Down there at the edge of the continent, lodged on melty, unsubstantial land, lush and Frenchy, all undulacious with the cascades of flesh and the jewellike glisten of a sweat track down a dancing gal's downy back, tropical, fragrant, voodoo-y New Orleans, at least in certain imaginations, isn't a city but a joint, a joint where anything is possible.
That's why most folks went, and that's why the moviemakers went.
But not all of them. Sometimes you can learn about a place from the movies they don't make about it. For example, back in the 1950s when our cities regularly were being squished by reptilian, insectoid or off-planet life forms, virtually no monster movies were set in New Orleans. No Tyrannosaurus r's tripped the light fantastic down the sidewalks of New Orleans. The reason why is obvious: A 27-foot-tall carnivore on Bourbon Street -- who would notice? Some old boy would just say to Mr. Tyrant Lizard King, hey bro, take a load off, have an absinthe or seven. And that dinosaur would think it over, then belly up to the bar and ask the man to start pouring.
Or you can learn about a place from the movies that everybody thinks were set there, but weren't. Here's one that boasts the appropriate stations of the cross for the bayou burg: easy sex, treachery, a languid woman whose clever, sultry ways could be taken as a symbol of the city, a gullible male whose idiocies could be taken as a symbol of the Johns who visit the city, a dark plot involving murder, betrayal, palm trees, sweat and heavy breathing. How New Orleans is that? No wonder everybody "remembers" when William Hurt and Kathleen Turner went drinking on Bourbon, remembers the sultry smell of cigarettes in that place off Basin, remembers the tawdry, neon-tainted dawn as they picked their way back to the mansion after plotting the perfect murder of her hubby. Too bad it was set in Florida and it was called "Body Heat."
Yes sir. That's New Orleans even if it's not New Orleans. And from the movies, we've all inherited our own public New Orleans. Anything goes, all the time. You could link it to the legendary metroplexes in the history of decadence: Paris in the '20s, Hollywood in the '30s, Rome in the '50s, San Francisco in the '70s and . . . New Orleans 24-7.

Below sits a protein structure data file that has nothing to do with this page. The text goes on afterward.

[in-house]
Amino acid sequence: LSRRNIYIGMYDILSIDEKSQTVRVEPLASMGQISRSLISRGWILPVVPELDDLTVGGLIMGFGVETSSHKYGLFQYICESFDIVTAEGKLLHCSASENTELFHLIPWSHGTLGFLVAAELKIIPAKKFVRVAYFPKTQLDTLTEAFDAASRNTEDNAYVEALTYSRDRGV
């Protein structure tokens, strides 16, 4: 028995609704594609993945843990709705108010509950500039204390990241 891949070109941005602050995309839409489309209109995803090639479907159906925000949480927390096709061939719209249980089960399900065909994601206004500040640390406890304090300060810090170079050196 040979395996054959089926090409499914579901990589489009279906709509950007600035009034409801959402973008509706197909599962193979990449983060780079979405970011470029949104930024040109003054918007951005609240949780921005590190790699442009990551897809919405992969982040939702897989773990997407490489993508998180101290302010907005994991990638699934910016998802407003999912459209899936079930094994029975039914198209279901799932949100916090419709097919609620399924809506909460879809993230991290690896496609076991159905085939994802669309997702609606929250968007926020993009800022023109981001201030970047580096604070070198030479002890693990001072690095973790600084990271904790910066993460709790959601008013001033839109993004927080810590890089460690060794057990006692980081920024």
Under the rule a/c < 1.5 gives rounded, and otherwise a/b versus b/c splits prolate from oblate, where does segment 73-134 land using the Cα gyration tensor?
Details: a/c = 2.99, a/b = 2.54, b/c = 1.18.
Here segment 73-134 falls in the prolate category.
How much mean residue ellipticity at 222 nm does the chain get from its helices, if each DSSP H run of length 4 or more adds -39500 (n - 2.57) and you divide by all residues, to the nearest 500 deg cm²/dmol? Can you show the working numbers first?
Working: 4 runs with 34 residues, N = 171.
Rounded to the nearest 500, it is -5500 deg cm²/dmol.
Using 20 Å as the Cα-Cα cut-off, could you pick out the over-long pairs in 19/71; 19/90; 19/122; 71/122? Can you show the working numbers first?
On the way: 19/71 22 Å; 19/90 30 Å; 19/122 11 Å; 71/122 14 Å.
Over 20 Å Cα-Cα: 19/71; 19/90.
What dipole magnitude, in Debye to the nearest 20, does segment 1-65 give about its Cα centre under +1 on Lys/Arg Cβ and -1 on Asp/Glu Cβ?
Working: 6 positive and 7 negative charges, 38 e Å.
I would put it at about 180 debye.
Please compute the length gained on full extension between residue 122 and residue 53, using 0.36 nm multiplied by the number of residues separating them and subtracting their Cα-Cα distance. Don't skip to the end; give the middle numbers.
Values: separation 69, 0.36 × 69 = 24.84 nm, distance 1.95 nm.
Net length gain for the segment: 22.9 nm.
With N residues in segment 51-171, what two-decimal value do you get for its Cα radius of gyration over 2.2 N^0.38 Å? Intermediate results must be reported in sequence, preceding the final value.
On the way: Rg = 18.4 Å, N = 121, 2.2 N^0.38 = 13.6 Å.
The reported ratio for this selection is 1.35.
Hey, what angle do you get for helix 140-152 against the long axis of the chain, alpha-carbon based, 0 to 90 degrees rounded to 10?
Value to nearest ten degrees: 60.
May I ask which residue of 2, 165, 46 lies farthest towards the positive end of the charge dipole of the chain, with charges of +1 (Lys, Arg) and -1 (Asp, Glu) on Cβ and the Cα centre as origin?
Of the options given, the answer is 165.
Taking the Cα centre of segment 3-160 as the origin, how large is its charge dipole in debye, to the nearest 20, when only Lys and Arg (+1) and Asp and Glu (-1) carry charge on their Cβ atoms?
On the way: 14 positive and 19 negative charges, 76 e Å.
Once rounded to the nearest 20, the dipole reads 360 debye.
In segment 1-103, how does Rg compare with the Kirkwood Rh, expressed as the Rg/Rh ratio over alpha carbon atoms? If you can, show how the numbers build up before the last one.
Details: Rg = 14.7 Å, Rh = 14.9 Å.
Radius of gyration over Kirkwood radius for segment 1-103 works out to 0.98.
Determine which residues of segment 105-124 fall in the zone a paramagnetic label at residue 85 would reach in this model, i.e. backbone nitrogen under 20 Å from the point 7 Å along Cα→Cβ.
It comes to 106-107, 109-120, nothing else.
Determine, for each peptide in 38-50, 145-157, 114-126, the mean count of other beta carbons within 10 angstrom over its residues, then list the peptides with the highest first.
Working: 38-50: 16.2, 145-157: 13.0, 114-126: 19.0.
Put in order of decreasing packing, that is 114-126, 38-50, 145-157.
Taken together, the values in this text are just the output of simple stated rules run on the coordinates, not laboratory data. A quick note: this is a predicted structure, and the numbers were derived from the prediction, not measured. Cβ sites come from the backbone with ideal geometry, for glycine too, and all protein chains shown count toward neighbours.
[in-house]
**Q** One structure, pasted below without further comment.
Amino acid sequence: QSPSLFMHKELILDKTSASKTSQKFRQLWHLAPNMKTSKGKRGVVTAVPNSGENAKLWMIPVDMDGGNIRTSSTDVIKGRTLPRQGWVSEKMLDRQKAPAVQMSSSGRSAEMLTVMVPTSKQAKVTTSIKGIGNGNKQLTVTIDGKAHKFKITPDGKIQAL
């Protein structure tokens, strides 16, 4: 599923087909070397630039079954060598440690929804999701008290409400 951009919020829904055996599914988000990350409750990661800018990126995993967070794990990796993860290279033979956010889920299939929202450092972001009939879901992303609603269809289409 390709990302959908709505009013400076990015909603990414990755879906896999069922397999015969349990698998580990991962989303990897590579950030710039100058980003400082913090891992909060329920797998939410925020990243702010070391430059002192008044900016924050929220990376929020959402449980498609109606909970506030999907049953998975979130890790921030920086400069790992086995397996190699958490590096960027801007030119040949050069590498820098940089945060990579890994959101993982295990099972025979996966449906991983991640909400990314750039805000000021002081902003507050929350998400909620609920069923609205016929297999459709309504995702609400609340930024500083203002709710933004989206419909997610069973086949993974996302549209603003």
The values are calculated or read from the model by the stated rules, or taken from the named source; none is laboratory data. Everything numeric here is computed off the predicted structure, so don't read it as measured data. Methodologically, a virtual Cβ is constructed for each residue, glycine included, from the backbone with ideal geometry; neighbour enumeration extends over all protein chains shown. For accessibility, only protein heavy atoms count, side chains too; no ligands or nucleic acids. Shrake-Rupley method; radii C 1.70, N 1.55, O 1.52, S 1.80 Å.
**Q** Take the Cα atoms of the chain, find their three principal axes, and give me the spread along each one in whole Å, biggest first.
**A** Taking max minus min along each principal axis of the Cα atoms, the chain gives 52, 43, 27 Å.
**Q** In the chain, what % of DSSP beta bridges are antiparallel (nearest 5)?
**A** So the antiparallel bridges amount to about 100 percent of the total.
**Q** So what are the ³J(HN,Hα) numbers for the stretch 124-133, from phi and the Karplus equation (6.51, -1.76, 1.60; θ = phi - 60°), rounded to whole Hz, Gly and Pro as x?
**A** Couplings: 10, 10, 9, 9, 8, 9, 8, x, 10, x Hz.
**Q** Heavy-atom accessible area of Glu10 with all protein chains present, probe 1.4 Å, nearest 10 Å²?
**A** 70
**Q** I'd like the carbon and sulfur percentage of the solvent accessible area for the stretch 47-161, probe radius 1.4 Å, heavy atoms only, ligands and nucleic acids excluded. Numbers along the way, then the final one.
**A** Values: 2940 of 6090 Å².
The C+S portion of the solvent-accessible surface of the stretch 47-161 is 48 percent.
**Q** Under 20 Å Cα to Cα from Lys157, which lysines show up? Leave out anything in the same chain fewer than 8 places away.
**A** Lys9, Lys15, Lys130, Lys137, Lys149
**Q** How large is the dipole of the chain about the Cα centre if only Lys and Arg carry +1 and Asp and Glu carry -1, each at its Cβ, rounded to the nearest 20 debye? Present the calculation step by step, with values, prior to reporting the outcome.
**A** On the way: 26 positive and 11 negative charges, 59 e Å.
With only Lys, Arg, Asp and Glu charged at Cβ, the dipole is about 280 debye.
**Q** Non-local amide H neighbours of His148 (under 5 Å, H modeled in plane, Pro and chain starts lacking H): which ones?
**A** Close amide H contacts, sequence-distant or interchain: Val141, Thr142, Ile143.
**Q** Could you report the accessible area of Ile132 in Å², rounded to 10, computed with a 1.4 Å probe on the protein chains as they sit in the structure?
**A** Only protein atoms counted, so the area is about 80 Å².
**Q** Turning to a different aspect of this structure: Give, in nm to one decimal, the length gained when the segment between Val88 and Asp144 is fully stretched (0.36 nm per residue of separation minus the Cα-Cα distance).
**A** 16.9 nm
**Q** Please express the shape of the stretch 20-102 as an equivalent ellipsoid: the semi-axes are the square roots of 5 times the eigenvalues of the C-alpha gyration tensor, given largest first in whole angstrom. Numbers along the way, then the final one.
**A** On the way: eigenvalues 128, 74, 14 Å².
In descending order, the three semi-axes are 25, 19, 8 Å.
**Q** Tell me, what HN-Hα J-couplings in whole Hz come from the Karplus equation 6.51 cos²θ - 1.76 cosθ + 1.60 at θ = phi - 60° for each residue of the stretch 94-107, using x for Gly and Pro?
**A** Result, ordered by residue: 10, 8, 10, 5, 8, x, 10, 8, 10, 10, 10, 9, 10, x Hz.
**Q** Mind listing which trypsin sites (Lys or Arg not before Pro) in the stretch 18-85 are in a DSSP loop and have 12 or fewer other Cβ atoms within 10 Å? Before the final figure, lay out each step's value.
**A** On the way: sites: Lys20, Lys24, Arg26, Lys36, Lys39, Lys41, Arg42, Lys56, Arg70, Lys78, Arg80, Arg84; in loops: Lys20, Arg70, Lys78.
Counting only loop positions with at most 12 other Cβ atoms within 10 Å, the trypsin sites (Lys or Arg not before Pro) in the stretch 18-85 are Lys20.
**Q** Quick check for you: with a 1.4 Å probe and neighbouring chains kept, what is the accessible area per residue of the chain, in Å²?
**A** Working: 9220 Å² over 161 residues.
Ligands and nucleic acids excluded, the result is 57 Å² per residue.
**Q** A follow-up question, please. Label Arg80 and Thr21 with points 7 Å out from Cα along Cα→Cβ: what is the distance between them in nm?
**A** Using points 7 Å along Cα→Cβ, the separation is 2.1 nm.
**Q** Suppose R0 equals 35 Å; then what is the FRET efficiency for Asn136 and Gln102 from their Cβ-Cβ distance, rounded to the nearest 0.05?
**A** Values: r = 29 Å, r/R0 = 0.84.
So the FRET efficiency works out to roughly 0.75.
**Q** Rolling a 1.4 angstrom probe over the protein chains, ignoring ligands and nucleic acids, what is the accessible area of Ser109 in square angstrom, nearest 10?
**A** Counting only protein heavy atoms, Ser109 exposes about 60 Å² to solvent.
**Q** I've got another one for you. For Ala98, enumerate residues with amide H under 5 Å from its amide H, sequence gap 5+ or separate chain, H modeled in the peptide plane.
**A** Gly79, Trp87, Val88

And of course it's the city where the sex is soft and graspable and an alcoholic blur mandatory and everybody's got his hand out for a few extra nickels and the rules don't really apply to us but only to them, crime isn't far behind and so the city has a kind of parallel history of movie violence and predation; something in the imagination gets buzzy at the confluence of flesh and death and corruption.
"The Big Easy" is almost a clinical study of the New Orleans effect. In it, Ellen Barkin, as a newly appointed prosecutor, brings a prim, single-minded sense of New England mission to a city whose idea of mission is primarily as a not-very-interesting sexual position. Dennis Quaid, as a police detective, personifies the city gestalt: laid-back, corrupt, with a Cheshire grin and an unflappable sense of self-entitlement. She tries to bust him on a corruption charge -- he's guilty, guilty, guilty -- but he squirms out of it. Don't sweat the small stuff, the movie argues; then it watches as she yields to his charms (and the city's), and gives up her Type A dedication; now she sweats only the big stuff, which turns out to be a murder-for-profit plot centered in the police department, and in fighting that, Quaid is professional, heroic and upstanding.